"Steven was working on Close Encounters' at the time he agreed to direct our film. So he asked Zemeckis and I to travel down to where he was shooting in Mobile, Alabama, so we could start writing edits for what would later be titled 1941. One thing we loved was how Steven owned his own 16mm print of Dr Strangelove, which he’d make us watch two or three times a week. That was the quintessential black comedy of all-time, which we all hoped would inspire some of the humour in our film. Steven's humour isn't as dark as Zemeckis’s or my own, he really doesn’t have a dark side of his personality, much like his movies, so Steven added gags that we would question - personally, I think he went overboard with John Belushi doing a lot of slapstick. And we did share plenty of other loves, like John Ford, Alfred Hitchcock and above all Frank Capra - just look at Back to the Future, with the white picket fences down to the over-the-top characters like Biff, the Capra-esque influences were all over it."


2

The guy you want to have your back

"No studio wanted to make Back To The Future until Bob had a hit with Romancing The Stone. Then everyone wanted to make it, but we took it to Steven and the timing couldn't have been better - he’d just made E.T. and was setting up Amblin Entertainment. He told us Back To The Future would be Amblin’s first production, and it helped that Steven was behind us because he protected us against the studio, Universal. During filming we had one executive keep asking us to change the title to Spaceman From Pluto, a reference to the comic seen in the barn, which we ignored. Eventually he became to adament of changing the movie title he sent us a memo about it. Unsure how to handle it, we took the memo to Steven, who told us ‘Don’t worry, I know how to handle him,’ before writing a letter back which said, ‘Hi Sid, thanks for your most humorous memo, we all got a big laugh out of it, keep ‘em coming.’ Steven knew he would too embarrassed to say that he wanted us to take the letter seriously. Luckily nobody questioned the title after that. Without Steven, it could have all been very different."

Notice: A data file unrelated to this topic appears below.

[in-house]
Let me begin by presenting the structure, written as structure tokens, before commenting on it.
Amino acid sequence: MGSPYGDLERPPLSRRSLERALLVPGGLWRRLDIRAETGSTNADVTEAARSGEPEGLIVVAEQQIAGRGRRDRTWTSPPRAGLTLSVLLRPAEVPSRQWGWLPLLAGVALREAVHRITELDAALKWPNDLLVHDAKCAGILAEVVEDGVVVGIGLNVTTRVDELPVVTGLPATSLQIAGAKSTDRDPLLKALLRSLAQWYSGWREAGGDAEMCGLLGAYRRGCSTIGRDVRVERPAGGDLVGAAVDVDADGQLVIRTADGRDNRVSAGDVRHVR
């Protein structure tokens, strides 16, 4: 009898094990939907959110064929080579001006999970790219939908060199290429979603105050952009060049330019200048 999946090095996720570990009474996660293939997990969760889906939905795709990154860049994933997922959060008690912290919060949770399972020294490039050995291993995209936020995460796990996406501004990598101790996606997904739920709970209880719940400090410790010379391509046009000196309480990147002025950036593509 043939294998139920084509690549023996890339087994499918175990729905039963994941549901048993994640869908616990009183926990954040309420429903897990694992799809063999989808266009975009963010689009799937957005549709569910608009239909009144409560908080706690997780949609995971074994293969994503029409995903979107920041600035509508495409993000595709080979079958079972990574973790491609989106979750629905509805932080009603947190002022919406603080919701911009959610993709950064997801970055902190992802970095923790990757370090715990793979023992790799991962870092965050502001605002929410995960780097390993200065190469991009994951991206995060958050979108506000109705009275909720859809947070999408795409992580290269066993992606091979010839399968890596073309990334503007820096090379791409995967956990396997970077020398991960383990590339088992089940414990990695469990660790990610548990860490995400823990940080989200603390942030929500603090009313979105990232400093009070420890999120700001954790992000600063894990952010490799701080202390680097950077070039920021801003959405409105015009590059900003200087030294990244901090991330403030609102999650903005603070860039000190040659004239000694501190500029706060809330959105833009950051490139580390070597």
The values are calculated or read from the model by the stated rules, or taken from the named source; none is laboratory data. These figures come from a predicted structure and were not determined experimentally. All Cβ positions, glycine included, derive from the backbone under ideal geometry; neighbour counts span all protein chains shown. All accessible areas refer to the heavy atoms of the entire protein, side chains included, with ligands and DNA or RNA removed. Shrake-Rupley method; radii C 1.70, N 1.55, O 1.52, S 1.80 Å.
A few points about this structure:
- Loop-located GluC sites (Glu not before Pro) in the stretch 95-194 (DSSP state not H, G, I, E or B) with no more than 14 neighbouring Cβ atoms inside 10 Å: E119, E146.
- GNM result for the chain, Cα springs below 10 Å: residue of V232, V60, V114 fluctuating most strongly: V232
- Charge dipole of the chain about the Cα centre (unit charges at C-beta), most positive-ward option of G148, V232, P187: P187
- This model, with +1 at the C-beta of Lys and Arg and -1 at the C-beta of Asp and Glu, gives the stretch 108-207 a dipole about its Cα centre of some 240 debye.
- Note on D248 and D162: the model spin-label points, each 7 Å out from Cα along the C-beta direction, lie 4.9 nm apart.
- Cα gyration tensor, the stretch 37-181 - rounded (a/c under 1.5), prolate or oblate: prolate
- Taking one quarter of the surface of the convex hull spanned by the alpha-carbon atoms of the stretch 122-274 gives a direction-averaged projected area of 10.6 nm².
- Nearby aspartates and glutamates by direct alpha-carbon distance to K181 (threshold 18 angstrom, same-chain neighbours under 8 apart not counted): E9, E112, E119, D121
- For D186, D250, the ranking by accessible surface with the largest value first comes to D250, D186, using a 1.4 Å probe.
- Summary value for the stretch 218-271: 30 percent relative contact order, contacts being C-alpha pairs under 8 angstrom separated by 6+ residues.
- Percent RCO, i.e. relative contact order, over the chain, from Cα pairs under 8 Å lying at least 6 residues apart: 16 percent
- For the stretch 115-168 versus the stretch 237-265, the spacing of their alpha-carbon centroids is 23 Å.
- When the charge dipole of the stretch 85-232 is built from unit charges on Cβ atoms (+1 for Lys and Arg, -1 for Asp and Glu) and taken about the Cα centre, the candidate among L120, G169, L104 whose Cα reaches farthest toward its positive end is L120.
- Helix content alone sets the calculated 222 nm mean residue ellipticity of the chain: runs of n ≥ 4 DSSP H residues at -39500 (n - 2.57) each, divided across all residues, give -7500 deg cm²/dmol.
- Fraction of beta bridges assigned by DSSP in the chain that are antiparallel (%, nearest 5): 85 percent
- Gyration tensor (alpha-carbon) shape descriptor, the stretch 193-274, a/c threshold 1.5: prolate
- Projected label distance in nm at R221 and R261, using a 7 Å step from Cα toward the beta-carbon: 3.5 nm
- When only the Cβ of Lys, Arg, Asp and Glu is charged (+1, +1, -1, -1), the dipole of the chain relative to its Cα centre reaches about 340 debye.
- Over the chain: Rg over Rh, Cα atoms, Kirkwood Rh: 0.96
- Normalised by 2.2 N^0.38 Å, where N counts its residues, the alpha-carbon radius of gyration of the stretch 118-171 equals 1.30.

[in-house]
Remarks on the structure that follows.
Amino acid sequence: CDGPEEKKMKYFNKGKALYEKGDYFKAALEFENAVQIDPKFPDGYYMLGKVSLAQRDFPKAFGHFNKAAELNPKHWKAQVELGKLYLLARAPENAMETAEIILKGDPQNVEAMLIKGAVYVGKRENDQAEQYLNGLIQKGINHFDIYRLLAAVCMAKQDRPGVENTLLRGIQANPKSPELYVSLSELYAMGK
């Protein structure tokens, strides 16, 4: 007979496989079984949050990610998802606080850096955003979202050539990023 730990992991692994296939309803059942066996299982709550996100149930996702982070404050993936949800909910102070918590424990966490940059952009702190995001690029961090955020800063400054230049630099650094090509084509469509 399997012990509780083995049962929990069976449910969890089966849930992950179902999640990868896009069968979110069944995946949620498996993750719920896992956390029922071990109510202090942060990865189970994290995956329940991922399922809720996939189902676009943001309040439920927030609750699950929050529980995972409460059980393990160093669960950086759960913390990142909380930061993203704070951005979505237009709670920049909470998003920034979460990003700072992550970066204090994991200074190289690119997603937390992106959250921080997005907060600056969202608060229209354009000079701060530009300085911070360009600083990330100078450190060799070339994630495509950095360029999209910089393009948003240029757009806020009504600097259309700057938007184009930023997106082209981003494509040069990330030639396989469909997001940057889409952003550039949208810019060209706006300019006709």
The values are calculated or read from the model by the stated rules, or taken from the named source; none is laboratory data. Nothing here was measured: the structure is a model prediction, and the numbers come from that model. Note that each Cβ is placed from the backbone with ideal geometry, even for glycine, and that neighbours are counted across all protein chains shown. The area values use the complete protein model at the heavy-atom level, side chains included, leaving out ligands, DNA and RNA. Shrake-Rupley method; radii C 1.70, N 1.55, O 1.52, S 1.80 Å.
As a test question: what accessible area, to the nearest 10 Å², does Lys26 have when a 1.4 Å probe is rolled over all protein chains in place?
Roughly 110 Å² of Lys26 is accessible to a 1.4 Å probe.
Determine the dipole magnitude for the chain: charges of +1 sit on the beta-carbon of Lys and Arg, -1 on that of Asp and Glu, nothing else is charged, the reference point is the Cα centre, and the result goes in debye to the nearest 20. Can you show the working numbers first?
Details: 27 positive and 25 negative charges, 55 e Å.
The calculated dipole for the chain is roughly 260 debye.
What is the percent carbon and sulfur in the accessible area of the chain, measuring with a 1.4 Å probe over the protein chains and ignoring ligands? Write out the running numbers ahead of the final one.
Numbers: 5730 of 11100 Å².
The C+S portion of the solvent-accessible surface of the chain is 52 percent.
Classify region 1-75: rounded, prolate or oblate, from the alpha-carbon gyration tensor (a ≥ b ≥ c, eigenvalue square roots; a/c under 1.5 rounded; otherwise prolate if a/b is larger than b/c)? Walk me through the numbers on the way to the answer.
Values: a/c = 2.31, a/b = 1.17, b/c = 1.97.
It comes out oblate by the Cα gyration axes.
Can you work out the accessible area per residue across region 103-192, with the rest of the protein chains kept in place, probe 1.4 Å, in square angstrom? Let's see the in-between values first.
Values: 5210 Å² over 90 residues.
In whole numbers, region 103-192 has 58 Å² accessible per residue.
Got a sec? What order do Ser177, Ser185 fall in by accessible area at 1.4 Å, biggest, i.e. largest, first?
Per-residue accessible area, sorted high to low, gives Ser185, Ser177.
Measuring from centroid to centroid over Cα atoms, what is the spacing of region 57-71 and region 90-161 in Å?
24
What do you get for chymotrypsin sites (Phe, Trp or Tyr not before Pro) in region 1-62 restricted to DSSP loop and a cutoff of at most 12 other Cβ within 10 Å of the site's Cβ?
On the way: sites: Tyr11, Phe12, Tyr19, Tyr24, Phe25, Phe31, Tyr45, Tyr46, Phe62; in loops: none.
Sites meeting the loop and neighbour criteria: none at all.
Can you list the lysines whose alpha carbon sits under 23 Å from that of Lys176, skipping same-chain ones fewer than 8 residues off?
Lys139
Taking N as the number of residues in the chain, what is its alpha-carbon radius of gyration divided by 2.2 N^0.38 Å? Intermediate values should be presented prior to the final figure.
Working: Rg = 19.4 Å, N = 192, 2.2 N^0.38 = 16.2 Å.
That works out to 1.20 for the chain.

Spielberg Collection

If You have to win him over, you do it in style

"Despite Bob directing Back To The Future, and myself co-writing, we still had to convince Steven of certain aspects we needed in the movie, like Zemeckis hiring Alan Silverstri for the score. The pair had struck up a good working relationship on Romancing The Stone, but Al had never written an orchestral score before. Unsure if we could pull it off, Steven would suggest other composers, and Bob would continue to press for Al. Then one evening we were sitting at a rough cut screening, and unbeknownst to Steven we’d already had a couple of key scoring sessions with Al. So when those cues came up, Steven turned excitedly to Bob, who was sitting next to him, and said, 'Bob, this is what the score to your film should sound like.’ To which Bob, a big smile emerging on his face, replied, ‘Steven, that is the score of the movie’. We were all happy after that."

The Steven Spielberg: Directors Collection is out now on Blu-ray

Spielberg Collection